The ongoing Covid-19 crisis is forcing people to make some tough economic choices. In a series of three articles, we’ll look at three such choices you may have to make. In the last article, we looked at how to choose between continuing your SIP or paying your loan EMIs during the ongoing moratorium. Here’s the second tough choice: if you have to choose between continuing your mutual funds or move your life savings to the bank, what should you choose?
The answer depends on whether you prefer lower risk with lower returns, or can bear higher risk for higher returns.
Bank ﬁxed deposits or high-yield savings accounts carry very low risk as no one has lost their deposits with a commercial bank in decades. These currently return 4-6% per annum across diﬀerent large banks for the average saver who is not a senior citizen. However, interest income from ﬁxed deposits is fully taxable as per your marginal slab rate. If your tax slab is 30%, your FD returns will be taxed to that extent, unless you’re a senior citizen eligible for certain income tax beneﬁts on this front. Eﬀectively, for a non-senior citizen, a 6% FD will return 4.2% after income tax and that is your eﬀective post-tax return (refer to Table 2).
If you can bear a little more risk for higher income and lower income tax liability, you can consider liquid mutual funds. Liquid mutual funds invest in high-quality debt and money market securities that mature in 90 days or less and hence considered low-risk. Over the last one year, the liquid fund returns were 5-6%. They had been higher in prior periods, but this answer will consider the last one-year returns. The returns are similar to ﬁxed deposits and high yield savings accounts returns. Liquid funds return approximately 1.3% higher per annum post tax than ﬁxed deposits and high-yielding savings accounts because of their higher tax eﬃciency when held for at least three years.
However, all debt-based mutual funds carry a certain degree of risk. Of course, you can make higher returns than in liquid mutual funds by assuming higher risk with ultra-short-term debt mutual fund, short-term debt mutual fund, and other debt mutual funds.
KNOW YOUR LIQUIDATION COSTS & TAX LIABILITIES
Due to the ongoing Covid-19 pandemic, you may be evaluating switching from one instrument to another. For example, you may want to liquidate your debt funds and park the money in bank deposits. In such a situation, be aware of liquidation costs and applicable taxes, and we hope to help you understand this tough choice.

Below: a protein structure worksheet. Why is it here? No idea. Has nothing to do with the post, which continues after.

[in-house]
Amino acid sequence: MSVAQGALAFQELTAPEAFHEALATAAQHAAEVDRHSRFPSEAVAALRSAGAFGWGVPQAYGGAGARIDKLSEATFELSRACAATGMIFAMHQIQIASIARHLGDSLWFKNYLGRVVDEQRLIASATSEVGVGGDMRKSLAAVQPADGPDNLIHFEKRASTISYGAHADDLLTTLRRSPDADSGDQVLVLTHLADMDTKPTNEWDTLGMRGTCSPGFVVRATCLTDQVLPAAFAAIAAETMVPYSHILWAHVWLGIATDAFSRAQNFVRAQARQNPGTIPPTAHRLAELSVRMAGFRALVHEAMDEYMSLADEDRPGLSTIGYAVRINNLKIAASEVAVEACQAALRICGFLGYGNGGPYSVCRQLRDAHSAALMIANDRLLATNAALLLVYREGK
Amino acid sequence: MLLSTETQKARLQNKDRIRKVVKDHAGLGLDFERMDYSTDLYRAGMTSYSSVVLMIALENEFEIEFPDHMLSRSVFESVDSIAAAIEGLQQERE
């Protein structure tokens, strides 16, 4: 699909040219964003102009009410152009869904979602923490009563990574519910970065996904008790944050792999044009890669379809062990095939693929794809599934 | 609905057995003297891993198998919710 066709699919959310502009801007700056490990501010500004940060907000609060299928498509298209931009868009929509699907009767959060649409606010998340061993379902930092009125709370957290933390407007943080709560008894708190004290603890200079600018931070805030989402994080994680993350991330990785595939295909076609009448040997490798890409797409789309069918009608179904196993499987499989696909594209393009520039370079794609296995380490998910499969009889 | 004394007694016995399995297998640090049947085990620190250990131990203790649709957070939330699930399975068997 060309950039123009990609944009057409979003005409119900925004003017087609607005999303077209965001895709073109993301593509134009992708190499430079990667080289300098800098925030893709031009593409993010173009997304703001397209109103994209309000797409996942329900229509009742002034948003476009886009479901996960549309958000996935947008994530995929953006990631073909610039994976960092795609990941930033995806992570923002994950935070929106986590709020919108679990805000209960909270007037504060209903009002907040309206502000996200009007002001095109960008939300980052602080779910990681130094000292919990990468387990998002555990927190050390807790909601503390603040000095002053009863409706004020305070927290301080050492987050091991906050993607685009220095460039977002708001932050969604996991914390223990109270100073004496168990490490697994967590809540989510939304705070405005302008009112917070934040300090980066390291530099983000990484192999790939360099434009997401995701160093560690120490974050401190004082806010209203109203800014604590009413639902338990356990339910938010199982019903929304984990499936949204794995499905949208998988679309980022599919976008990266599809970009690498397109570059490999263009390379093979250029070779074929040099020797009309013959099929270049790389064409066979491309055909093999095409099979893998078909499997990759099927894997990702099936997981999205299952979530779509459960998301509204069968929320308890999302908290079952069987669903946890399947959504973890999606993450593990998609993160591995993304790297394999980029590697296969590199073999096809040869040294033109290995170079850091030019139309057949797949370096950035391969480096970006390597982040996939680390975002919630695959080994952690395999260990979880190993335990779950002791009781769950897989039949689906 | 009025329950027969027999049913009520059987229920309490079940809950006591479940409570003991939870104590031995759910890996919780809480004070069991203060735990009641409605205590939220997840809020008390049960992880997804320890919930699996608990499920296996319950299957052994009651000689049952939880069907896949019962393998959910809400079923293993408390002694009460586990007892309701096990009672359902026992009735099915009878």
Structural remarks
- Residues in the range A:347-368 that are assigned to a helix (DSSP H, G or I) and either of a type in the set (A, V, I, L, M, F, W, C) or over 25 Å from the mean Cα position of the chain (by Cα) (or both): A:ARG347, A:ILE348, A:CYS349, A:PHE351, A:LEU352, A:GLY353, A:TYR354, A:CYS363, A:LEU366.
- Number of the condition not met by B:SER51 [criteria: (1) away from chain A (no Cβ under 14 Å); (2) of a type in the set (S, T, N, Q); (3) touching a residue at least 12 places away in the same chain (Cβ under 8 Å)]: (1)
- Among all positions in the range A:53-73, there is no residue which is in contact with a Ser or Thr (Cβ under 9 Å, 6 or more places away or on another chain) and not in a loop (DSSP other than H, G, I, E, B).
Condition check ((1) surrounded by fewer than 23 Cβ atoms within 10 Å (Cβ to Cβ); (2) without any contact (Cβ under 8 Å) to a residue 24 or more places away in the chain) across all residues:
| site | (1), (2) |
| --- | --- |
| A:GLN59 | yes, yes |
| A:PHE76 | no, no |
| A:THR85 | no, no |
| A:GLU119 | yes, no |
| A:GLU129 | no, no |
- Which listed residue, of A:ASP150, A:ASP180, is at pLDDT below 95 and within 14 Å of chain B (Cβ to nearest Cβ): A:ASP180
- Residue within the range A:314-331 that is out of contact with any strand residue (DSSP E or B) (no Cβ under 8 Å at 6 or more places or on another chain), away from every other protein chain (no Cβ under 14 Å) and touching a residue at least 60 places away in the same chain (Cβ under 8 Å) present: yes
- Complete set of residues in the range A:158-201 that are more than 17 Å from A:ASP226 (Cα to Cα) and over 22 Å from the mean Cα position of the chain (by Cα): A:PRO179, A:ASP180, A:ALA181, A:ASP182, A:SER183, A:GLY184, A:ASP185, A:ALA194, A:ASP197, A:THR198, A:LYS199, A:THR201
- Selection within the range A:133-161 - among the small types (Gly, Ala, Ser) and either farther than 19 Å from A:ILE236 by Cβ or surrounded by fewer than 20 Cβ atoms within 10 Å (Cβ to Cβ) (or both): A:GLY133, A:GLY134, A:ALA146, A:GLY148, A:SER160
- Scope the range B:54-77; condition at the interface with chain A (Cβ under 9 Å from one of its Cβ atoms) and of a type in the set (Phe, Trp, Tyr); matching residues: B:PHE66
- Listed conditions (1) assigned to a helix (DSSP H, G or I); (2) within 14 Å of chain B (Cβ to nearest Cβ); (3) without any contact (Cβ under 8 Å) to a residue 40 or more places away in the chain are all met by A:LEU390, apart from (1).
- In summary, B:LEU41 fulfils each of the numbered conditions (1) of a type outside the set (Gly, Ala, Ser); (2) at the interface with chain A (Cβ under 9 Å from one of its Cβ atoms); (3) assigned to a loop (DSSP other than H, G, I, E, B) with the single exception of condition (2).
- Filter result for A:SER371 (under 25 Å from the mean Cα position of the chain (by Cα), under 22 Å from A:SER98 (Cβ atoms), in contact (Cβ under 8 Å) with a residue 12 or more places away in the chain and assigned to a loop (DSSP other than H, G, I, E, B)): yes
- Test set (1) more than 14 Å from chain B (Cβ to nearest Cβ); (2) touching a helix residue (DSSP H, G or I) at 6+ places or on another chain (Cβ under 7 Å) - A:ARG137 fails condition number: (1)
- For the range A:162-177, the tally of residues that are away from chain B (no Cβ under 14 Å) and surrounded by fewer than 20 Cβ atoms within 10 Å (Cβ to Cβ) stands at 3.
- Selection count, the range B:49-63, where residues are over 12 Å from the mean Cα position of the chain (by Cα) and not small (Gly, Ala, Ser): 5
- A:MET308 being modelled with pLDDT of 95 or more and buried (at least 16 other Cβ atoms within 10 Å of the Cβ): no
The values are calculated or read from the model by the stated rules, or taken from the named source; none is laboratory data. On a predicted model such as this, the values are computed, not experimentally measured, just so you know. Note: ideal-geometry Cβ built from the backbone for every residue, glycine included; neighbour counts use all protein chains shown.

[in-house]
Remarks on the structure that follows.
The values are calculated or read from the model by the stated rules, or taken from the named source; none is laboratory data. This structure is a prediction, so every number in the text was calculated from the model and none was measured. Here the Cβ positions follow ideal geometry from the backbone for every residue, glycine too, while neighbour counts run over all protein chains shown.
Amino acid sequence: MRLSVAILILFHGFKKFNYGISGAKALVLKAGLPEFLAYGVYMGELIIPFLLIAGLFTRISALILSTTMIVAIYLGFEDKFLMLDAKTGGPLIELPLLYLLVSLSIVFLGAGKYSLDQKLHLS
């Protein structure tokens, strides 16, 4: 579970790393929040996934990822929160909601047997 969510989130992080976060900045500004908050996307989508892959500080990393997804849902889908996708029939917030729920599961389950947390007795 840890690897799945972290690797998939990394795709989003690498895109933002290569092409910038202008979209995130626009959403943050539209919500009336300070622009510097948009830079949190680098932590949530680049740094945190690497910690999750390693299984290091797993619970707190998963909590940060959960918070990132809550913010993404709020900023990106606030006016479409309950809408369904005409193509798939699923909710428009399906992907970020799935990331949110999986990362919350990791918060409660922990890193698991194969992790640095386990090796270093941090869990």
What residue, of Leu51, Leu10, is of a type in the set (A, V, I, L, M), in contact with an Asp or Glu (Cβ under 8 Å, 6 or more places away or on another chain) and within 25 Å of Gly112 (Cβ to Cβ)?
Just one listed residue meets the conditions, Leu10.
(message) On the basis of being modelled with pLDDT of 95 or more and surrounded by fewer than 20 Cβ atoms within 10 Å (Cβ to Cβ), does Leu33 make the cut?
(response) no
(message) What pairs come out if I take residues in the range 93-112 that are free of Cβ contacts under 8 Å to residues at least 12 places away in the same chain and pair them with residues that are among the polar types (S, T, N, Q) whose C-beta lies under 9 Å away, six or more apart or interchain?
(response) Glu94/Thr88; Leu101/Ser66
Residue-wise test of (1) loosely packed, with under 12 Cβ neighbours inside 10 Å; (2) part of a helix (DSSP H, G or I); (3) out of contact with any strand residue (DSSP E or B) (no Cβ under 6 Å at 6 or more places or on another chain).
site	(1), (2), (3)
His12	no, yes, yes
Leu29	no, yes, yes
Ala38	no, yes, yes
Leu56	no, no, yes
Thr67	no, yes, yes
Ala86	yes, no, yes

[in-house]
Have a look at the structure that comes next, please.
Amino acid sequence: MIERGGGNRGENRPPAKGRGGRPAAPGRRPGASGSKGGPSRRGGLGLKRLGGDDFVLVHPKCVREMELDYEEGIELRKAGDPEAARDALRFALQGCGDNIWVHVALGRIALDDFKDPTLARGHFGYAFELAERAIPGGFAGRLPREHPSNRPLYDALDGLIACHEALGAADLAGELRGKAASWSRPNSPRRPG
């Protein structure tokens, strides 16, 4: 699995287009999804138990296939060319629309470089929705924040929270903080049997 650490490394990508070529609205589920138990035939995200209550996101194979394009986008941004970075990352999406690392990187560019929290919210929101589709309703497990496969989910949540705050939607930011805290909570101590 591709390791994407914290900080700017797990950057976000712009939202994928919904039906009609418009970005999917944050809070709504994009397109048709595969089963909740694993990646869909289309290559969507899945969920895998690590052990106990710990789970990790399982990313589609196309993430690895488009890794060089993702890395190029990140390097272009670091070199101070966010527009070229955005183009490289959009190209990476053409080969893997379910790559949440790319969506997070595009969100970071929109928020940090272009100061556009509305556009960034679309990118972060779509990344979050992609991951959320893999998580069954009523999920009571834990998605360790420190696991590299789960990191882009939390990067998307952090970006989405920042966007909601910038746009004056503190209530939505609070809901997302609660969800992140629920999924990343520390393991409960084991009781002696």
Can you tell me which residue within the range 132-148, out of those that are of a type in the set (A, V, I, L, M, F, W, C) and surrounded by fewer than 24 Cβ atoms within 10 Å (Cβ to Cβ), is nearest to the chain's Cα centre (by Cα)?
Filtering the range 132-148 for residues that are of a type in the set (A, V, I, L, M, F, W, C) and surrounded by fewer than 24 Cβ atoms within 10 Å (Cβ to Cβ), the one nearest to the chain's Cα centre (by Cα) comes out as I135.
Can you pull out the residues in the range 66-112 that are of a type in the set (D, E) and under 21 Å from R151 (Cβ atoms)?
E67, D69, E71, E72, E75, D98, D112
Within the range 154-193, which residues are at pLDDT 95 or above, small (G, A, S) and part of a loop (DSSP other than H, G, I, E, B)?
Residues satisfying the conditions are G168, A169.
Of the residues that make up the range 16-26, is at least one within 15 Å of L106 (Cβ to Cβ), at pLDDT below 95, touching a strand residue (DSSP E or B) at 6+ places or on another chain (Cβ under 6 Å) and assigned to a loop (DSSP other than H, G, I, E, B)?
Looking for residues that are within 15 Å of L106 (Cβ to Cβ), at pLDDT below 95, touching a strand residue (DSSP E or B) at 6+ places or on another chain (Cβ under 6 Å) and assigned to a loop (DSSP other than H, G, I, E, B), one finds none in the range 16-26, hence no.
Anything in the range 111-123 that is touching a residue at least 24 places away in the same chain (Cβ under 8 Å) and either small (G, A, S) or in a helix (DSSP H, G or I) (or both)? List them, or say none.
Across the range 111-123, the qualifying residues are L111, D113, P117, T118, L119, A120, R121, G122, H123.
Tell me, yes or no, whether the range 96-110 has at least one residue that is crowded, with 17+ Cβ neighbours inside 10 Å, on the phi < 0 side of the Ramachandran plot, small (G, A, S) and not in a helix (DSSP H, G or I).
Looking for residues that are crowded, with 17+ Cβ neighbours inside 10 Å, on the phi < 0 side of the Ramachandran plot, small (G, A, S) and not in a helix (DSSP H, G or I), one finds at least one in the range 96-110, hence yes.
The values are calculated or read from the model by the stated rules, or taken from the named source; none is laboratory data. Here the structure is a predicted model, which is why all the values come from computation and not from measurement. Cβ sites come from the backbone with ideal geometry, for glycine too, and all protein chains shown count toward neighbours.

For example, to liquidate your mutual fund units bought in the last 12 months, you might, for example, have to pay an exit load of 1%, for which you need to check your particular scheme documents. Similarly, to prematurely liquidate a bank FD, you may have to take a 1% hit on your interest rate.
While liquidation costs are easy to calculate, your taxes may not be. You must consider the holding period of the asset you’re liquidating to ascertain if it’s a short-term asset or a long-term one. Then, calculate the applicable taxes due to the taxman. You may ﬁnd, for instance, that liquidating your debt mutual fund units held for under three years attract higher taxes than those held for more than three years (refer to Table 2).
You should take time to calculate basis your particular situation including your asset type and tax bracket. Table 1 shows that if you liquidate your liquid mutual fund investment returning 6% a year in two years and move the post-tax proceeds to an FD returning 6% for one year, you will earn approximately 3.9% less on your capital over the full three years. That means you are earning 1.3% less per annum by switching, in this example from a liquid mutual fund to a ﬁxed deposit even without any exit load. However, with a bank deposit you might get peace of mind about capital protection with lower return, which might be the right choice for you. This is your tough choice to make.
WITH EQUITY, THINK LONG TERM
However, with a higher risk appetite and a long-term horizon, you could retain or shift your savings to equity index mutual fund investments. If you’re prepared to wait for ﬁve years from now, you can invest in equity index mutual funds because over the long-term, these have always outperformed post-tax returns from ﬁxed deposits. The key is time.
If you need money in a year or two, you should not be invested in equity mutual funds to start with and should immediately move to a liquid mutual fund or a bank ﬁxed deposit or high yield savings account to protect your life savings and minimize risk. However, if your investment horizon is longer than ﬁve years, you might be better oﬀ in an index mutual funds versus a ﬁxed deposit. As always you should ponder and make the right choice basis your circumstances.
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